The Loons

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Journal of the Short Story in English
48  (Spring 2007) Varia
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Jennifer Murray

Negotiating Loss and Otherness in Margaret Laurence’s “The Loons” ................................................................................................................................................................................................................................................................................................

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Electronic reference Jennifer Murray, « Negotiating Loss and Otherness in Margaret Laurence’s “The Loons” », Journal of the Short Story in English [Online], 48 | Spring 2007, Online since 01 juin 2009, Connection on 01 avril 2013. URL : http:// jsse.revues.org/index858.html Publisher: Presses universitaires d'Angers http://jsse.revues.org http://www.revues.org Document available online on: http://jsse.revues.org/index858.html Document automatically generated on 01 avril 2013. The page numbering does not match that of the print edition. © All rights reserved

Negotiating Loss and Otherness in Margaret Laurence’s “The Loons”

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Jennifer Murray

Negotiating Loss and Otherness in Margaret Laurence’s “The Loons” : p. 71-80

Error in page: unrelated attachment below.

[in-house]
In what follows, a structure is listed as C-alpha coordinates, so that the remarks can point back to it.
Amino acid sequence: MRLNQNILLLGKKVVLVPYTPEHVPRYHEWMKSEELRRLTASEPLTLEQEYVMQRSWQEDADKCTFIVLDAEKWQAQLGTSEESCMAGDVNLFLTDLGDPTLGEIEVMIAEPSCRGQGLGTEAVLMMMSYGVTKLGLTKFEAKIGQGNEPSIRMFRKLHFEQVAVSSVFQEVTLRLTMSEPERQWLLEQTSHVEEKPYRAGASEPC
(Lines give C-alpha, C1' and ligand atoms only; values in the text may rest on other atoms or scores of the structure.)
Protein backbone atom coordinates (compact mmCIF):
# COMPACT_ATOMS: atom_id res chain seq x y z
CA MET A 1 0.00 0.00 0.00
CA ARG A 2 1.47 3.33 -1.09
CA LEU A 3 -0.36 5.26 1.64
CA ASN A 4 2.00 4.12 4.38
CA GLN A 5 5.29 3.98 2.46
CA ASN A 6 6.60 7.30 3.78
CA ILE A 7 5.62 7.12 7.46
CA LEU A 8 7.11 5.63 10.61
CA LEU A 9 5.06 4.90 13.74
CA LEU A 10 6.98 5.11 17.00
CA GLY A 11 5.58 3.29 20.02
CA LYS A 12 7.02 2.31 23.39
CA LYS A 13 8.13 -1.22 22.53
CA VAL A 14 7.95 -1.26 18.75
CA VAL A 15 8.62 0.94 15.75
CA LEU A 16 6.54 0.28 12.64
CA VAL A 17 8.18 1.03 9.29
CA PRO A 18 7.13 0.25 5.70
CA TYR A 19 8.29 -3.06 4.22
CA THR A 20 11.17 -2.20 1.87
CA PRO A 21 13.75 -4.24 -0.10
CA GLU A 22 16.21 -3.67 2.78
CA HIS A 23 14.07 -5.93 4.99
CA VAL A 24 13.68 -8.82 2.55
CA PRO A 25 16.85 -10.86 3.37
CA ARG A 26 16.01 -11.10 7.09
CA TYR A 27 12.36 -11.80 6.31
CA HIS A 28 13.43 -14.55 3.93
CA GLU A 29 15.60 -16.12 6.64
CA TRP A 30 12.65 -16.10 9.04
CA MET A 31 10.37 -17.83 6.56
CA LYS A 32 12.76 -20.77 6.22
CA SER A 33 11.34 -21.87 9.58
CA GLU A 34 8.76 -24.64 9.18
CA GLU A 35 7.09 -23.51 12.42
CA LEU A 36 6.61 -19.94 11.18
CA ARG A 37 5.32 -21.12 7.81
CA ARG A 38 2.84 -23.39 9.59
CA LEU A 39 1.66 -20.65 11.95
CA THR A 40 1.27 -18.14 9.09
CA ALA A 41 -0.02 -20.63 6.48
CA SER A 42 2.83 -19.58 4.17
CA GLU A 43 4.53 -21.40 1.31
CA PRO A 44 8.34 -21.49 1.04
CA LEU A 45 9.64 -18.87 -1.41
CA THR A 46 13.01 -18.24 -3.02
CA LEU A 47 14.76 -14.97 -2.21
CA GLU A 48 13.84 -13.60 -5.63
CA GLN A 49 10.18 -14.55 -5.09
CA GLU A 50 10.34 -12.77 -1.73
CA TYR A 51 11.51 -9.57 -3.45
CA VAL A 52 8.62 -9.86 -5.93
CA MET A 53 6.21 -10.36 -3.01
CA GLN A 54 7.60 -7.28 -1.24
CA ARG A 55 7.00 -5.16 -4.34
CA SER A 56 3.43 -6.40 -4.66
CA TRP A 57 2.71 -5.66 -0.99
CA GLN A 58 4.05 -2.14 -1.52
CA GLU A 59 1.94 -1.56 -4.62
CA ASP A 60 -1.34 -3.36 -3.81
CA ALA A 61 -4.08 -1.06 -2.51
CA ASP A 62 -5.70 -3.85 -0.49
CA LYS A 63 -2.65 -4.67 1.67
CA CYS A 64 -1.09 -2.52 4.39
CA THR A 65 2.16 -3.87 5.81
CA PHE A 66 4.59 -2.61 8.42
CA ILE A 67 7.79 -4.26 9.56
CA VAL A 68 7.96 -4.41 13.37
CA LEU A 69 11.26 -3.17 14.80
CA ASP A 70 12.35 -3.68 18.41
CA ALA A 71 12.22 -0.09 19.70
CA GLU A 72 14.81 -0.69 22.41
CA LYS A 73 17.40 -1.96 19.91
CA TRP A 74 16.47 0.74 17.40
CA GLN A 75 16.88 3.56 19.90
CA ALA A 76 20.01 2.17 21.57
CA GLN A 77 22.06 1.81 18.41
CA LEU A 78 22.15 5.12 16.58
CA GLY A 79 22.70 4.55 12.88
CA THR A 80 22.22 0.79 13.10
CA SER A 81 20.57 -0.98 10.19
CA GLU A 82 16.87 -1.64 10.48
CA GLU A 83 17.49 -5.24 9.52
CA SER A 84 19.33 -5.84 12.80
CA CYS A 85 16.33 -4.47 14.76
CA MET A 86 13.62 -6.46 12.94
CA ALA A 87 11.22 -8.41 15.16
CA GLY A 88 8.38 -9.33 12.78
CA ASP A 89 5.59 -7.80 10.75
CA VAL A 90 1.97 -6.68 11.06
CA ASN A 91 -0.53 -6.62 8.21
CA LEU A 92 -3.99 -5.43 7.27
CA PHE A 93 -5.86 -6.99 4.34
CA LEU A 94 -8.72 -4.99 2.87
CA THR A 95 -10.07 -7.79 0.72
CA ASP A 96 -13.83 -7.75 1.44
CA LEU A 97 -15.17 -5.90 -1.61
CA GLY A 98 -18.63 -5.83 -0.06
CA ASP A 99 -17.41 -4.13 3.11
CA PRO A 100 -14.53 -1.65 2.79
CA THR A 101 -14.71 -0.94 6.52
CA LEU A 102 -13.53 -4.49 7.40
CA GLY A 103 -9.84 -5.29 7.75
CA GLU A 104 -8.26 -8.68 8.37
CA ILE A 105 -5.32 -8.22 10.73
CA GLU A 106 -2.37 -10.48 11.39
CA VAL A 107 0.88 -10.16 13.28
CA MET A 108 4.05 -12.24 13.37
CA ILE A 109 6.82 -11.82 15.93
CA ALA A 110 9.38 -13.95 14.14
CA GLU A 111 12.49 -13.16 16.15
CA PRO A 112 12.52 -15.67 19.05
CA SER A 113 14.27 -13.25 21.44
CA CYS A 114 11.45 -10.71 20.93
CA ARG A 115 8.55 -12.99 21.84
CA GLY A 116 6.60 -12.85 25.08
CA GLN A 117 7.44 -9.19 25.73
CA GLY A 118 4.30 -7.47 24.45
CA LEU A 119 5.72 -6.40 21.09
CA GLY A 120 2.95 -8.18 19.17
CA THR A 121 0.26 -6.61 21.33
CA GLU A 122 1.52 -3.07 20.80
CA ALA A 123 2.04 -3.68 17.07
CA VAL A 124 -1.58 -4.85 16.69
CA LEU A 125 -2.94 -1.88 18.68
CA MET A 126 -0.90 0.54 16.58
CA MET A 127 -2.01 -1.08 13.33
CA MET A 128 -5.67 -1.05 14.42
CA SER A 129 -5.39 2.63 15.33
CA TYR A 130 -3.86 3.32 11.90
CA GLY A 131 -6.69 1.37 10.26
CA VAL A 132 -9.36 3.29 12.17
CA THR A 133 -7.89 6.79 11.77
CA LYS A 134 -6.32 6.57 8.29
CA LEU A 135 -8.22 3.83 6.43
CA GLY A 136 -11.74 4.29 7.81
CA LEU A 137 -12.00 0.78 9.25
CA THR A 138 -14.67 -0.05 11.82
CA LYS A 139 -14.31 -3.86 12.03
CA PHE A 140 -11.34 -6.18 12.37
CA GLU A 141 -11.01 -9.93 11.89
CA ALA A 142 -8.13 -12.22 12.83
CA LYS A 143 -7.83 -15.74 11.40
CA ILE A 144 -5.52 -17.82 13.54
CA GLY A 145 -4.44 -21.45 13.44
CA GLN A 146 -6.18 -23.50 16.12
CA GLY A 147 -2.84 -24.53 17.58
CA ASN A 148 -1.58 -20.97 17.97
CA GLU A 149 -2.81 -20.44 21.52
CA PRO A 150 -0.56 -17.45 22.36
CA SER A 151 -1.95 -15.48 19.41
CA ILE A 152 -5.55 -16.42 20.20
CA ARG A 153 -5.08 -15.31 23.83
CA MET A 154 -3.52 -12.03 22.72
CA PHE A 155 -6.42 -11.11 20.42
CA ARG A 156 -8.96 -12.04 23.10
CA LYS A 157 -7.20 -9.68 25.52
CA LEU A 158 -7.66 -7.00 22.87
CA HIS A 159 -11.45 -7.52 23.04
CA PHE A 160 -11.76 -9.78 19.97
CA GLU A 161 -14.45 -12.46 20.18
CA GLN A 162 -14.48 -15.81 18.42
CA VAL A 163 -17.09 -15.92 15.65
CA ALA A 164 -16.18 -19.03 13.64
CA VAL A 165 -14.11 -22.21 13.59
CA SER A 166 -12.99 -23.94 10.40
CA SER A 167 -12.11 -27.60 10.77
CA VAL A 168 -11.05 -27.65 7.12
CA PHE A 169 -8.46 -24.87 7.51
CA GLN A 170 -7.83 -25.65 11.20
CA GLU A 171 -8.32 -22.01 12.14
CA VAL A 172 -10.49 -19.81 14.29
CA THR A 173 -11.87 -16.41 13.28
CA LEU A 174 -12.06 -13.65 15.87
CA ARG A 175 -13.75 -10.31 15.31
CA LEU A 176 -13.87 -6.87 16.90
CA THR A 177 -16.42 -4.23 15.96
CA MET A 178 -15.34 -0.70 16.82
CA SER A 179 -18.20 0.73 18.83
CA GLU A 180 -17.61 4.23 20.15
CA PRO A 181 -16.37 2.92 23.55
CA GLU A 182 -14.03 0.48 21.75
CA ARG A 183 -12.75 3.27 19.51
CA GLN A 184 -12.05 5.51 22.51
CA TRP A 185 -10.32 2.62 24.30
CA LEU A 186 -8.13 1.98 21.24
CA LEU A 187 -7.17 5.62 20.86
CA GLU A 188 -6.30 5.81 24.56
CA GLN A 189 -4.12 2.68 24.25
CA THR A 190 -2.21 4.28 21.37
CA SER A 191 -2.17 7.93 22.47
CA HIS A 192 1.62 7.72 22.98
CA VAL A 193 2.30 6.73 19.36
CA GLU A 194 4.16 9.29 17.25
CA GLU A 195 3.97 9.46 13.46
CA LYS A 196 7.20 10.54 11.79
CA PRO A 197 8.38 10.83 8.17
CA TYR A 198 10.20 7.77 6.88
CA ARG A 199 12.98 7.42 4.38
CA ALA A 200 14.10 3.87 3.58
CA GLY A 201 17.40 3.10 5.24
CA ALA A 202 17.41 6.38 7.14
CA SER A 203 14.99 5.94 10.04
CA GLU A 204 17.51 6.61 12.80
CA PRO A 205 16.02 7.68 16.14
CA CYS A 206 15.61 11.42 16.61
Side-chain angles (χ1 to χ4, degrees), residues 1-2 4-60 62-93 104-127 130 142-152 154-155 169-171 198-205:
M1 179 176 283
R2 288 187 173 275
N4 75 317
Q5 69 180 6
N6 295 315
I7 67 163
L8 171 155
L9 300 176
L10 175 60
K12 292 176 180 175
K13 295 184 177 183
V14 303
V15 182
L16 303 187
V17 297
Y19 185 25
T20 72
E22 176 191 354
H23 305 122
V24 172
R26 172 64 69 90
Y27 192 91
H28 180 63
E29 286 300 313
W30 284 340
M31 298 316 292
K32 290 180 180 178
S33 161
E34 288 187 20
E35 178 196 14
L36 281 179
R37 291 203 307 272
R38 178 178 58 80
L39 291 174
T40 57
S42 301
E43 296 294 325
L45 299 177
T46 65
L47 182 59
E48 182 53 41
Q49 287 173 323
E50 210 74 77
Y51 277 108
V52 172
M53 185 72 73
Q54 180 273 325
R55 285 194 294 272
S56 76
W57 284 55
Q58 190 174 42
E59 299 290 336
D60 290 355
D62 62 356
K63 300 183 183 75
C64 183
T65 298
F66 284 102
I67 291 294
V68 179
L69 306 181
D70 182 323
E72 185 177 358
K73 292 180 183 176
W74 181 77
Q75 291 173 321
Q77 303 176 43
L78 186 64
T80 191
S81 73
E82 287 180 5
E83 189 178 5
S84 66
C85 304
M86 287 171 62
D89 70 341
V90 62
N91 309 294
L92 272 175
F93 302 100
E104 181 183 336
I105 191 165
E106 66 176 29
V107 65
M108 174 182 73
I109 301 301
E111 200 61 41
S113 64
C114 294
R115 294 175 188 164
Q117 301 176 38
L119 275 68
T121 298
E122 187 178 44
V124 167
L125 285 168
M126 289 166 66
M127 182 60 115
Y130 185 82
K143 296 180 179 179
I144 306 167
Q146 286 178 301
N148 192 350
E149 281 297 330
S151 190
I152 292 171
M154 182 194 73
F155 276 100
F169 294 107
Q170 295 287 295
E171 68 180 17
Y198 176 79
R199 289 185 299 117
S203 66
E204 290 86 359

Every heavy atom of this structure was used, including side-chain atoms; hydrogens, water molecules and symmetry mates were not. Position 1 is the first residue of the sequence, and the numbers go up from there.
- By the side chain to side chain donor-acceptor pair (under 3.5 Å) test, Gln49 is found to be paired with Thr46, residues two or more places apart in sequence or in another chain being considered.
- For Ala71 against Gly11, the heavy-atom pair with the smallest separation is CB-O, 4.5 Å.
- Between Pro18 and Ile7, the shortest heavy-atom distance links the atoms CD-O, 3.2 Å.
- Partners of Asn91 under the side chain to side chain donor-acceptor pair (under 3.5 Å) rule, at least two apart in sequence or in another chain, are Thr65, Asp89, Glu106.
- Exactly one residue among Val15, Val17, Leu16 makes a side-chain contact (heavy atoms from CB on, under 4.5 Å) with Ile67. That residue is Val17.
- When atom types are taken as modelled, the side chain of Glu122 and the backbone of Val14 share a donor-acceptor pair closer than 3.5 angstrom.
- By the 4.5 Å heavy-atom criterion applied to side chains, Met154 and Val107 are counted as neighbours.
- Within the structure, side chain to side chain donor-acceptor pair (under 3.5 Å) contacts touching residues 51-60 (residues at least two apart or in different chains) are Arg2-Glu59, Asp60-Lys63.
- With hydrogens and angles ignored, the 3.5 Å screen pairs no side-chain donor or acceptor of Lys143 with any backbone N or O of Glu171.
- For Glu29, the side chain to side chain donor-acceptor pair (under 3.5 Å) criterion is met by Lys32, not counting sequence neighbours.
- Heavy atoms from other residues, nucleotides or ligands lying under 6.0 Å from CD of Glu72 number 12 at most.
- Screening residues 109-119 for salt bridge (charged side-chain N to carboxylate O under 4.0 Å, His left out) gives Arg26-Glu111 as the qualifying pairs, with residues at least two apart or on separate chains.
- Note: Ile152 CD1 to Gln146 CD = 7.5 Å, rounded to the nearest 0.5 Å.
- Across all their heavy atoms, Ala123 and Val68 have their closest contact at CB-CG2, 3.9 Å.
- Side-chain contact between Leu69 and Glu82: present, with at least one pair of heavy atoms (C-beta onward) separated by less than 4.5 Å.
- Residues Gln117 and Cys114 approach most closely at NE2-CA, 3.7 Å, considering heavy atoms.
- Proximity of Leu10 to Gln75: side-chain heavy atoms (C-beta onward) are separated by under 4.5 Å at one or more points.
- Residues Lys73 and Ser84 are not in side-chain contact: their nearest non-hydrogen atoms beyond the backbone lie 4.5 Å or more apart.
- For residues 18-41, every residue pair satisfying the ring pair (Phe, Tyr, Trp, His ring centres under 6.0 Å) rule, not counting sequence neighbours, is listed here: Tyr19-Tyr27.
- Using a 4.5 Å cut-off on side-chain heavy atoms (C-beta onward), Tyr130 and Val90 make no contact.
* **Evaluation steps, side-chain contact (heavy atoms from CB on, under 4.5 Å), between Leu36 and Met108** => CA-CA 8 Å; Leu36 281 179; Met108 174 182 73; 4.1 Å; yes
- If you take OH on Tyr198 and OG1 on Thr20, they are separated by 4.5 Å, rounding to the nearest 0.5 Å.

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“The Loons” belongs to Margaret Laurence’s story-sequence A Bird in the House which is built around the character Vanessa MacLeod and her growing-up years in the fictional town of Manawaka, Manitoba.1 Following on from the collection’s title story which has the death of Vanessa’s father as its central event, “The Loons” is set in a time prior to the father’s death and is the first of three stories which deal with Vanessa’s progressive opening up to the world around her and her increasing awareness of the suffering, poverty and forms of oppression outside of her family circle (Stovel 92). More specifically, “The Loons” gives us Vanessa’s perception of a young girl called Piquette Tonnerre who is of Métis descent and who accumulates the social disadvantages of poverty, illness, ethnic discrimination and being female. The story has been taken to task for the questionable values attached to its use of Piquette as the stereotype of the doomed minority figure, most notably by Tracy Ware who asks: “To what extent [does this short story] confirm a debased master narrative that regards Natives as victims of a triumphant white civilization?” (71). At the same time, Ware recognizes the “enduring sense of [the] aesthetic merit” (71) of this story which so clearly has its place within the canon of Canadian literature. Evaluating the text against its depiction of the Métis can only lead to the negative conclusions that Ware arrives at, namely, that Laurence’s “The Loons” falls ideologically short of the expectations of today’s politically-conscious reader. What this reading of “The Loons” does not take into account is that the “aesthetic merit” of the story is situated elsewhere—not in the portrait or role of Piquette as such, but in the story’s treatment of loss and in the central role of the father in the symbolics of this particular knot of meaning. In the context of the full story-sequence, loss and the father would seem more naturally associated in “A Bird in the House,” where the death of the father is the central event. In “The Loons,” the death of the father is recalled and reactivated as an informing event related to other moments in Vanessa’s life and to her relationship...
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